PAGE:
After Dublin, where I enjoyed four years of apprentice exile, I came to Hackney: perched, settled, stayed. The modestly impoverished zone had the virtue of being unknown, even to itself. Submerging into a novel territory, as a casual labourer, I found both time and means to pursue my obsession with alignments, reforgotten writers, lost rivers, Hawksmoor churches, crime clusters. Street signs and spray-can slogans were a code to be broken. I had no idea, back then, that rogue Parisian intellectuals had already branded these strategies and given them a provocative title: psychogeography.

30 years later, assembling a collection of essays on London, which I called Lights Out for the Territory (after Mark Twain), I realised that, unconsciously, I had been operating, all along, as a disenfranchised psychogeographer. I stalked a defining urban narrative by sleepwalking through downriver reaches, sniffing after faded traces of Thomas De Quincey – and challenging the post-architectural infill of Docklands, the empty hubris of the Millennium Dome, with ritual expeditions that doubled as curses. Compulsive digressions disavowed the bullet-point banalities of developers and promoters. I wrote about pit bulls and satellite dishes. I attended the funeral of that mythical east London gangster Ronnie Kray: the godfather of the ghosted memoir, of mendacious boasts disguised as confessions. The pulp model for self-serving political autobiographies. I looked down on the glittering Thames from Lord Archer’s penthouse. London was revealed as a city of hidden connections and weird coincidences.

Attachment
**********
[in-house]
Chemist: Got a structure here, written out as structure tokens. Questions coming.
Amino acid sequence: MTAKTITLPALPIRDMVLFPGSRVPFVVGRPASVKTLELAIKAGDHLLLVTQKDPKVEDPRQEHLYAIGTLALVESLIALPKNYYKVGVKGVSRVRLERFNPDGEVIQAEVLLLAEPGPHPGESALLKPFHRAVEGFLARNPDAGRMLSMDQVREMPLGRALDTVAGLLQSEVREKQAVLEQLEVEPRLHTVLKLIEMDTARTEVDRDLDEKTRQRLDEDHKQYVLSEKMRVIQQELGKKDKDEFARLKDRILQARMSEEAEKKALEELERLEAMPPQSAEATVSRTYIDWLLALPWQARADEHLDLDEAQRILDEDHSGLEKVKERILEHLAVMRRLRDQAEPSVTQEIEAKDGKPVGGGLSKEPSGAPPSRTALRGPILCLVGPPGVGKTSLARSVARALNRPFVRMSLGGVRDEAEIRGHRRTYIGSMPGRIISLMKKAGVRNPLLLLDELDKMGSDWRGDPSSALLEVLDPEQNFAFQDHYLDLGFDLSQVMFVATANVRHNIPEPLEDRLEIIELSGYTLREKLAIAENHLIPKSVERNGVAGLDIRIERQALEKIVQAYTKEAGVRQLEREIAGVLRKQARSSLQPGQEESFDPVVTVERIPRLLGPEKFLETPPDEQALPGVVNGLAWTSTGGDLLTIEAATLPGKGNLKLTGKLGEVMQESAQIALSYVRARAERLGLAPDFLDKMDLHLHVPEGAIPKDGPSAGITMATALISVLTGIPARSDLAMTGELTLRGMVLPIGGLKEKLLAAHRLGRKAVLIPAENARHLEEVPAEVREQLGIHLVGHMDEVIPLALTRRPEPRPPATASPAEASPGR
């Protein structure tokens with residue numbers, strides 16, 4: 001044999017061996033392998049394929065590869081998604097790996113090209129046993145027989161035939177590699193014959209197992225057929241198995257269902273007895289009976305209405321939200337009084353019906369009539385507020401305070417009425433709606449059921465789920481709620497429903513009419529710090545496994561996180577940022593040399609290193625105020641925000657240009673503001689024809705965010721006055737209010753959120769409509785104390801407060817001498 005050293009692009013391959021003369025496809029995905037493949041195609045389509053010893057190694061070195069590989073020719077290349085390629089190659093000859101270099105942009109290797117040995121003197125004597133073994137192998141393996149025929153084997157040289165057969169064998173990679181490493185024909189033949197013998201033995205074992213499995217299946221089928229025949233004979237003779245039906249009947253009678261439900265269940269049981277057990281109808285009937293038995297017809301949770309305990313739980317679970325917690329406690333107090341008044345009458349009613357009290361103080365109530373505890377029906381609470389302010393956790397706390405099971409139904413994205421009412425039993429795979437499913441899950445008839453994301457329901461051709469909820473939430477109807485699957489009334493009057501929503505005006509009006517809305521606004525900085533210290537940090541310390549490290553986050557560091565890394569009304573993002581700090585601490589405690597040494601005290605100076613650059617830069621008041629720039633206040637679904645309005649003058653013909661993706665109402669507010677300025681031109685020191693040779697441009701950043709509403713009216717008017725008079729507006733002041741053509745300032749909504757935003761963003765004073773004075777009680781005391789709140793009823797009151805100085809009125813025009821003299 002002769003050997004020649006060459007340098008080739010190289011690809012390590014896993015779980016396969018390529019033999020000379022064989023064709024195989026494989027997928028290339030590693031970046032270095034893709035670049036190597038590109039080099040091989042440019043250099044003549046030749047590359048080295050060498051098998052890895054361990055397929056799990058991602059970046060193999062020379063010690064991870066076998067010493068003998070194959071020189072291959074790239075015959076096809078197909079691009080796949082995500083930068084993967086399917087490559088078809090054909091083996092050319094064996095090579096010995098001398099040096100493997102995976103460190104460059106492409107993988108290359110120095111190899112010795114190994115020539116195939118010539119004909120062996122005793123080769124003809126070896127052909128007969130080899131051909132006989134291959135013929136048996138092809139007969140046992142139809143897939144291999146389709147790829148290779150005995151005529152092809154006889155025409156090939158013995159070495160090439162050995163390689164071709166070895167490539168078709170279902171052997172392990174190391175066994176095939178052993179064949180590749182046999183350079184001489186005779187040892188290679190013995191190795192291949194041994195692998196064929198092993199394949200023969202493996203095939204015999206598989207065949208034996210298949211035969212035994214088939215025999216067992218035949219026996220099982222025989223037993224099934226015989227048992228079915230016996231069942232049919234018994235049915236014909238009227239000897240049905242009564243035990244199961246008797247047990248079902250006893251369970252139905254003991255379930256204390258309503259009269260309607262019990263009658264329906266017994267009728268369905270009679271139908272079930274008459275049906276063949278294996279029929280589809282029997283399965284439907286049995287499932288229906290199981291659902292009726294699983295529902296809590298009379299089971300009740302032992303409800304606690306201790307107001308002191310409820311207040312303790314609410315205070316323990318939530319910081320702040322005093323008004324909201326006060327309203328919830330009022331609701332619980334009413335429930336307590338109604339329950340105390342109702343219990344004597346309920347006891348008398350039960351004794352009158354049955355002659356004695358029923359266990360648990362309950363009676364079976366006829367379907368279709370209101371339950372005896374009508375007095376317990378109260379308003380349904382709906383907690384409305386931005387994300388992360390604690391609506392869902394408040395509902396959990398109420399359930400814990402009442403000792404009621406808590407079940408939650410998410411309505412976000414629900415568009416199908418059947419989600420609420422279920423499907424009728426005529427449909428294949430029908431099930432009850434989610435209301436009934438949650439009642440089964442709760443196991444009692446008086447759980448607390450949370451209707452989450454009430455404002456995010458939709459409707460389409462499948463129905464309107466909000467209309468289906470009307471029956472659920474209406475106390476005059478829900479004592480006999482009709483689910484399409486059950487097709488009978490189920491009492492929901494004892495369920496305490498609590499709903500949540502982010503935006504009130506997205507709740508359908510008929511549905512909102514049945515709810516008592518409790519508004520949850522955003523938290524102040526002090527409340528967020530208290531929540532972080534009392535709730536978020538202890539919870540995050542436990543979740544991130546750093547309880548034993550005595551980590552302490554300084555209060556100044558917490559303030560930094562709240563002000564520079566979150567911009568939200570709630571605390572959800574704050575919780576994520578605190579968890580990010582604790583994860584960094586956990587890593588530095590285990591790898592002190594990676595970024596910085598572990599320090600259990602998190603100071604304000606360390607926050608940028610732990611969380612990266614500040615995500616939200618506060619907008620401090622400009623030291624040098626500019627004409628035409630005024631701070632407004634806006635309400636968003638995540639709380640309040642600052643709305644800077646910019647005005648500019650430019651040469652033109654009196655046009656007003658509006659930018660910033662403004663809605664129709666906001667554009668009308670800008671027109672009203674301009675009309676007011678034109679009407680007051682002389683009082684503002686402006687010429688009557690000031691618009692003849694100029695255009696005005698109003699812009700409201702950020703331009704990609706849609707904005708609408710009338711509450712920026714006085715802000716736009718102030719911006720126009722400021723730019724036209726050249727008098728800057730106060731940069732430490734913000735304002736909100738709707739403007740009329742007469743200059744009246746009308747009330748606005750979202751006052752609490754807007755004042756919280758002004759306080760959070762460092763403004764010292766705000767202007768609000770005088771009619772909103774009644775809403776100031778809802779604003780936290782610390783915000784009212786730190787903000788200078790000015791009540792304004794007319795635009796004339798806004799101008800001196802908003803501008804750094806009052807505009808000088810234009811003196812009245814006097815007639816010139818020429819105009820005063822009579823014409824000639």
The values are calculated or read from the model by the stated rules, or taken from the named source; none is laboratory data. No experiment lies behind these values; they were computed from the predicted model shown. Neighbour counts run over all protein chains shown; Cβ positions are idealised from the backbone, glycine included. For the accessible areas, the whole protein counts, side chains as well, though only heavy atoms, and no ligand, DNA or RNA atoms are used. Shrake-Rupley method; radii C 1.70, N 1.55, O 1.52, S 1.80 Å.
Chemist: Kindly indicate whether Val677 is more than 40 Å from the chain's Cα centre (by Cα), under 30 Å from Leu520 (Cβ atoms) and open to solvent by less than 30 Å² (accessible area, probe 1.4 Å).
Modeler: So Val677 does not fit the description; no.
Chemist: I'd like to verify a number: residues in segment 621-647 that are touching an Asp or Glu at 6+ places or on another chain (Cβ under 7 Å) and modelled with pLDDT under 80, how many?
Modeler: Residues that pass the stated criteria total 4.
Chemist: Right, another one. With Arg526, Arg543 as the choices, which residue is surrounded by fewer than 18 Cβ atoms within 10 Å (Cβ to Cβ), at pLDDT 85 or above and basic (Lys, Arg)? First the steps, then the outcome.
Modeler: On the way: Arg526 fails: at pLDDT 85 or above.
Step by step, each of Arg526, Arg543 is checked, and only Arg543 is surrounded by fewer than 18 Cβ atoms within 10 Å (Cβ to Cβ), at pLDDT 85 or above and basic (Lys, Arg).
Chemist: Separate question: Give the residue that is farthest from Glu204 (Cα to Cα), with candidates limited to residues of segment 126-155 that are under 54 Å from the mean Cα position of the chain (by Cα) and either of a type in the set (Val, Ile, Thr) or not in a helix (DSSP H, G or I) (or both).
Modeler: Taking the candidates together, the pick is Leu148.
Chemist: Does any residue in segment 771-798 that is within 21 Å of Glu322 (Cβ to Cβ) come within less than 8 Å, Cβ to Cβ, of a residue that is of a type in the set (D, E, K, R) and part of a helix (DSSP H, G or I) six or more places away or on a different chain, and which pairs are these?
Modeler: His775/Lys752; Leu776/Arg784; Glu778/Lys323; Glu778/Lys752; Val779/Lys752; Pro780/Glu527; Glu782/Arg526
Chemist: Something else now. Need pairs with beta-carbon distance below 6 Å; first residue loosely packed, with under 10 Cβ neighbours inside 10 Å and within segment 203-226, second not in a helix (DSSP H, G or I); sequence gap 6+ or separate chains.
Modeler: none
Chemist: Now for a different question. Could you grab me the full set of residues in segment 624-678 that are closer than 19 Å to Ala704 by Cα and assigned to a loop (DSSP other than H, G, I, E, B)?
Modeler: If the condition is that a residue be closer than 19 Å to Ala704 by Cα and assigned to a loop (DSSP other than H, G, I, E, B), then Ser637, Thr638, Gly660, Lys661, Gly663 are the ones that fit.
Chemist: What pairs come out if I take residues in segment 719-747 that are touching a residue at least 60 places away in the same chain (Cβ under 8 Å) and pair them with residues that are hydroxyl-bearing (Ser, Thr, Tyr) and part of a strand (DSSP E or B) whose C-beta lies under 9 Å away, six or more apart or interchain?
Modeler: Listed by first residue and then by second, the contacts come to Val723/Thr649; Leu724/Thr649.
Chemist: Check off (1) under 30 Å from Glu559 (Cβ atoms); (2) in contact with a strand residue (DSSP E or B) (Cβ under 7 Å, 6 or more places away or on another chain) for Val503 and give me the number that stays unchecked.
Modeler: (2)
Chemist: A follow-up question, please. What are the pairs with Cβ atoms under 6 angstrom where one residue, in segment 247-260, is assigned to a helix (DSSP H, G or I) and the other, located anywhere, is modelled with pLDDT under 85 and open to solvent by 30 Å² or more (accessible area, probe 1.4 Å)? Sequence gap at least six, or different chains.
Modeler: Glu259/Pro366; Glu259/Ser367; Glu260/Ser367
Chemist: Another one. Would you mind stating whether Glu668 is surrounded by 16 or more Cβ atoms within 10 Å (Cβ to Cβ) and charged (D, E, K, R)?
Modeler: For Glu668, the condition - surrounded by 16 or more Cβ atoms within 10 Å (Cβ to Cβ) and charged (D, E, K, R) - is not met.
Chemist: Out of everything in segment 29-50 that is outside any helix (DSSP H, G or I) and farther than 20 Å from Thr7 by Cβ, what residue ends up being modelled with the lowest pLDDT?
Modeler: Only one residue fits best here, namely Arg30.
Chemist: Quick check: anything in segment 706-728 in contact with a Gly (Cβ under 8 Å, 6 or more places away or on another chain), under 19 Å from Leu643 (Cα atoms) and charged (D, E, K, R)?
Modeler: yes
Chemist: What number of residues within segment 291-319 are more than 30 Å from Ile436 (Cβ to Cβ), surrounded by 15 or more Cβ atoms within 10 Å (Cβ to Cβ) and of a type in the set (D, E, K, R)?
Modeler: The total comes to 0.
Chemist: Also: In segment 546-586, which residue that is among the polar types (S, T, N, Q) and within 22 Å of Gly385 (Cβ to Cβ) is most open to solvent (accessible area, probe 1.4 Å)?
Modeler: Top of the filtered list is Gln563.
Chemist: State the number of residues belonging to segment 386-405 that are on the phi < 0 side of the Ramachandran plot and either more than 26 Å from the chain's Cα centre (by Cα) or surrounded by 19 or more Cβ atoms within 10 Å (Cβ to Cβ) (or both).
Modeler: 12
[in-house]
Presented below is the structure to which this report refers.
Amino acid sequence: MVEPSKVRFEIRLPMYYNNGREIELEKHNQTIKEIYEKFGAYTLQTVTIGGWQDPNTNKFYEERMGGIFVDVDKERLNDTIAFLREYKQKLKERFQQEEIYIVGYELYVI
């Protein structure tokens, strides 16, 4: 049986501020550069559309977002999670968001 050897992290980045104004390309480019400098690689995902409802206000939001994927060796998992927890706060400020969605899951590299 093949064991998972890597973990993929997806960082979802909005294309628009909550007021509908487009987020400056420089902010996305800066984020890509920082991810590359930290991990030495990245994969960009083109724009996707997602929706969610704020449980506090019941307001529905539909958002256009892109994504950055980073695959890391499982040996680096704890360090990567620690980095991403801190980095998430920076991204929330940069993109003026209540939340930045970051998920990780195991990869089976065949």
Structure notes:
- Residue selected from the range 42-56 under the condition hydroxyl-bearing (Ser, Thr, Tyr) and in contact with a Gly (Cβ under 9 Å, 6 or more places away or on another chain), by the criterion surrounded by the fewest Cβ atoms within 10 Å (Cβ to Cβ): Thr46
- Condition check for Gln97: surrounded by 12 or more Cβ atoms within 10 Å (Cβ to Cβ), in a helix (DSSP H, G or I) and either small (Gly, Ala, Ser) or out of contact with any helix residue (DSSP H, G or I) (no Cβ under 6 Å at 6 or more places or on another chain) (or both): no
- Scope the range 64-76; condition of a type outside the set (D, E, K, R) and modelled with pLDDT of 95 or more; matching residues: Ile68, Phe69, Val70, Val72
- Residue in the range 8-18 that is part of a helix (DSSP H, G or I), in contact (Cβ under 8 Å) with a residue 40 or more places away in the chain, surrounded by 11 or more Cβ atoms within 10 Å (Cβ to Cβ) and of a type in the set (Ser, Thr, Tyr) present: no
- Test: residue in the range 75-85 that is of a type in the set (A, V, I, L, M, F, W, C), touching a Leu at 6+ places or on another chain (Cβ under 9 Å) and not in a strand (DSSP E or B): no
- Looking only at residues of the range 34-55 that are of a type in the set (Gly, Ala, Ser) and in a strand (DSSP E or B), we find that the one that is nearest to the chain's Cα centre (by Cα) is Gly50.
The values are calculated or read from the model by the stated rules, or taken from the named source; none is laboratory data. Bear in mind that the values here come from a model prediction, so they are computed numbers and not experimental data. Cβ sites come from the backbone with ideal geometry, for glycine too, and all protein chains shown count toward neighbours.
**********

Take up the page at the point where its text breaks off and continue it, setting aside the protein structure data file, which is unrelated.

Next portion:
I had stumbled on a model for future projects: the walk as a narrative, as a moving film made from static images. This was a method of preparing the writer for an act of occult possession: in the way that William Blake was captured by the spirit of John Milton in the form of a star striking his heel. Considerations of the present Olympic Park in the Lower Lea Valley would begin by employing the Lights Out for the Territory template…

Read on at the Telegraph

Today's Autonomedia Jubilee Saint – WILLIAM BLAKE


August 12 — William Blake
Major English romantic poet, mystic, subversive.

August 12, 2009 HOLIDAYS AND FESTIVALS
Surrey, England: MITCHAM FAIR. A “Charter Mayor” is selected, who
opens the three-day fair with a four-foot key to unlock the joys of the
fair. A great variety of games and amusements.
Scotland: THE GLORIOUS 12TH opens grouse-hunting season.

ALSO ON AUGUST 12 IN HISTORY…
1653 — First police force formed in present U.S., in New Amsterdam.
1812 — Lady Ludd leads English women in riots over bread prices.
1827 — English romantic poet William Blake dies, London, England.
1843 — First Fourierist phalanx founded in U.S.
1896 — Klondike gold rush begins, Yukon Territory, Canada and Alaska.
1955 — German novelist Thomas Mann dies, Kilchberg, Switzerland.
1992 — Anarchist composer and musician John Cage dies, New York